This year's Palm Springs International ShortFest raised the question of priorities. While the festival, now in its 18th year, offered many great films, programs could be uneven, and why a few of the films were included remains a mystery.
Both the ShortFest and its big brother, the Palm Springs International Film Festival, certainly love and prioritize two things: star power, and quantity. The ShortFest is much less Hollywood star-struck than the PSIFF in January, but both festivals like to be the biggest, if not always the "bestest."
While some programs (the films are put together in themed programs of five or more shorts), were almost perfect (Saturday night's "Twisted Tales" was an exceptional program), in other programs there were a few films that were either based on time-worn premises that have been "done to death," leaving me baffled as to how they made the roster. The overall quality of films in the programs was very impressive, making the ones that weren't as good, stand out.
Gus Van Sant's appearance when he received the festival's Spirit of Short Film Award, was both delightful, and a little confusing. Van Sant is best known for his work with feature films - Mala Noche, Drugstore Cowboy, My Own Private Idaho, Good Will Hunting, and Milk - not for his short films.
The selection of Van Sant's shorts shown were interesting - I especially liked seeing his work with Allen Ginsberg in Ballad of the Skeletons, and Thanksgiving Prayer with William S. Burroughs, but a short of his showing his cat chasing the reflected light from his guitar was pre-YouTube fluff.
Van Sant's short, The Discipline of D.E., based on a short story by Burroughs, was, however, nothing short of brilliant, and reminded me of what a versatile talent Van Sant is, and has been for many years, whether as writer, director, producer, and actor. He is truly an exceptional talent, and it was nothing short of fun to listen to bits of his life story as a cross-media artist.
While Van Sant's unreleased version of his music video for the Red Hot Chili Peppers' song "Under the Bridge," was fair, though not outstanding, an impromptu video of Flea shot on the same set, was an interesting piece of pop music history.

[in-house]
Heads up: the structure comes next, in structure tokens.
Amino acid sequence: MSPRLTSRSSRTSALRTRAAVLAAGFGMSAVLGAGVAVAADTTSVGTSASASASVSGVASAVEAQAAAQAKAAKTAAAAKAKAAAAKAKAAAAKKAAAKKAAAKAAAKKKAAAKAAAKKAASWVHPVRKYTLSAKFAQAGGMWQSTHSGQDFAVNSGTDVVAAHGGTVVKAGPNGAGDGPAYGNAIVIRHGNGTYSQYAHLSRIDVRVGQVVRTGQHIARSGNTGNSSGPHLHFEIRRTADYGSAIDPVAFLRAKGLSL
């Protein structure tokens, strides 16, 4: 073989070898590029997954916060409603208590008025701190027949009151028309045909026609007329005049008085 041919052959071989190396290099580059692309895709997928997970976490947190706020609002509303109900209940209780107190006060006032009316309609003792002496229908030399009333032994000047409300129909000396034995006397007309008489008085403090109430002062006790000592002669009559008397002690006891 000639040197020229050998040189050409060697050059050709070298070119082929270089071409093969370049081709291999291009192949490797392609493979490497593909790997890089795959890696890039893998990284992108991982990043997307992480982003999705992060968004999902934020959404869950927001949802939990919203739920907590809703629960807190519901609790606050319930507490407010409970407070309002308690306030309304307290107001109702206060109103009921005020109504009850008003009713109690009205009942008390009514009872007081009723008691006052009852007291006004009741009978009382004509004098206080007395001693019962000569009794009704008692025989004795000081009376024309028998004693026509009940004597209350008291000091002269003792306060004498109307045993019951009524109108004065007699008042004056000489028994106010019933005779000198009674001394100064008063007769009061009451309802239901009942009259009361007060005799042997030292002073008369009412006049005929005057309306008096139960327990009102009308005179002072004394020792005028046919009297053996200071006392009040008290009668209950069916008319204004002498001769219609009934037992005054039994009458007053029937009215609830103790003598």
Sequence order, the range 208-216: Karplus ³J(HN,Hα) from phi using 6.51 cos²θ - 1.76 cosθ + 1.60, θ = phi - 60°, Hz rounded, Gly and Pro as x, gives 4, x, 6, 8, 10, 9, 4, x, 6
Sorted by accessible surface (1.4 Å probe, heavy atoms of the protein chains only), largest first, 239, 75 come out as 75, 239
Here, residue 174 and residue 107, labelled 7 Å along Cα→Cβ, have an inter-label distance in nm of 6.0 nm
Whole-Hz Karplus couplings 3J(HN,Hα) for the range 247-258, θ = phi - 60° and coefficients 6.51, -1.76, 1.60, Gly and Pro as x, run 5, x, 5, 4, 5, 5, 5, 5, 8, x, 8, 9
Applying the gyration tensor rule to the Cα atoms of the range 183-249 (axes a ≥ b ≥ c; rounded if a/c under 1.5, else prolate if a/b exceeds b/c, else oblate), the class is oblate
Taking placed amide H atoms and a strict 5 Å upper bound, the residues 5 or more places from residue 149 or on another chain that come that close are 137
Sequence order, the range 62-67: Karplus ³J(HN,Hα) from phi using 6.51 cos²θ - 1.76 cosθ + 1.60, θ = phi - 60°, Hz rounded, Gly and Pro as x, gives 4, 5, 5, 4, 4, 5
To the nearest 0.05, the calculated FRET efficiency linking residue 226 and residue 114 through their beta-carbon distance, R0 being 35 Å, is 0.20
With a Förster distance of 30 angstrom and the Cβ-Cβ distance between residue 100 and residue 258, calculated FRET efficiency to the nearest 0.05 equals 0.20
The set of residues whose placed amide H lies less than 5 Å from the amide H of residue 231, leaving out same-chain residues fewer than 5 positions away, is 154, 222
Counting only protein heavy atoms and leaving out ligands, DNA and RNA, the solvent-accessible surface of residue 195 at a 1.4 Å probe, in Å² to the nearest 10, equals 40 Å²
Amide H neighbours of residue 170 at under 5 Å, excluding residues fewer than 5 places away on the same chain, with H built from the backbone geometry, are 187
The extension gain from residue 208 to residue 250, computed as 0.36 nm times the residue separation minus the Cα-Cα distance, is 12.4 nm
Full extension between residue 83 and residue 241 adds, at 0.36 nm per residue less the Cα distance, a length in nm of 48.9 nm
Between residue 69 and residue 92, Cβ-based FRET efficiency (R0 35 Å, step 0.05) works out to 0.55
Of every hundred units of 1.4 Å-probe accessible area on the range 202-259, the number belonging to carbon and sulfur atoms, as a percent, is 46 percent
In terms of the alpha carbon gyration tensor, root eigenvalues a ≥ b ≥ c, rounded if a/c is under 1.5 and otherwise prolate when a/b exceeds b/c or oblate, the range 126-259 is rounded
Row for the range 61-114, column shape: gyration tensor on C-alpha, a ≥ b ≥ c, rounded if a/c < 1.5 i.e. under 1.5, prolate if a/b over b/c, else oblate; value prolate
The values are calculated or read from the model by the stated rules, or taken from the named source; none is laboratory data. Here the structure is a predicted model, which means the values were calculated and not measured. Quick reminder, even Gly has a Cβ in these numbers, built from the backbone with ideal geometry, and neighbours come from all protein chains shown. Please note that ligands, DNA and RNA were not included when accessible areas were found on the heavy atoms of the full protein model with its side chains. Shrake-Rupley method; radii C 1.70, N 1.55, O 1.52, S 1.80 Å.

Van Sant did a lot of music video work for major musical acts while trying to avoid commercial work. When asked about that choice, Van Sant ruminated that upon reflection, it may not have been as good of a choice as he had once thought.
"Musicians were products that could talk," he noted, the implication that inanimate products just may have been easier to work with for him.
Van Sant got laughs by noting that when he was a kid, trying to get his sister to act in one of his films was harder than perhaps getting Nicole Kidman to act. He was very accessible for the audience, which included a large number of filmmakers at the festival. Their discussions about filmmaking, including that about "final cut," tended to be more interesting for the filmmakers than members of the general audience.
If we're going to give out awards here, we'd have to give a big award to the volunteers at the festival. While we couldn't see them all, I think my favorite short was Ged Murray's short, "Small Time." The film, from Ireland, spins the story of a pompous professor who steals the secret - and credit for - time travel, from one of his students, with hilarious results.
"A Good Thing," by Mark Tobey (USA), was an excellent desert film. An elderly couple who run an extremely isolated gas station, are shook up by news reports of a killer on the loose driving a red car. When a man driving a red car pulls into the gas station, the couple is faced with their fear.
The French short by Laurence Arcadias and Juliette Marchand, "Tempest in a Bedroom," managed to be both extremely funny and artistic, at the same time.
"All That Way for Love," by Henry Mason (UK), took us on a ride through Malawi, and into a couple's complex and dangerous relationship.
"Is This a Joke?" by Tom Edmunds (UK), was another favorite, as yes, poor Tom's life really is, in fact, a joke. The dead chicken clinched it, and it became a festival favorite.
"Jesus Was a Commie," by Mathew Modine and Terence Ziegler, had promise, but fell victim to preaching. "If only everyone believed whatever I want them to believe, then the world would be perfect." Yes, well, the leaders of the world's major religions could probably also make the same point with about as much validity.
Modine may think that if we all just gave up our beliefs and created a new one, it would somehow fare far better than all its predecessors. That's just silly, and ultimately led to "Jesus Was a Commie," being my biggest disappointment of the festival.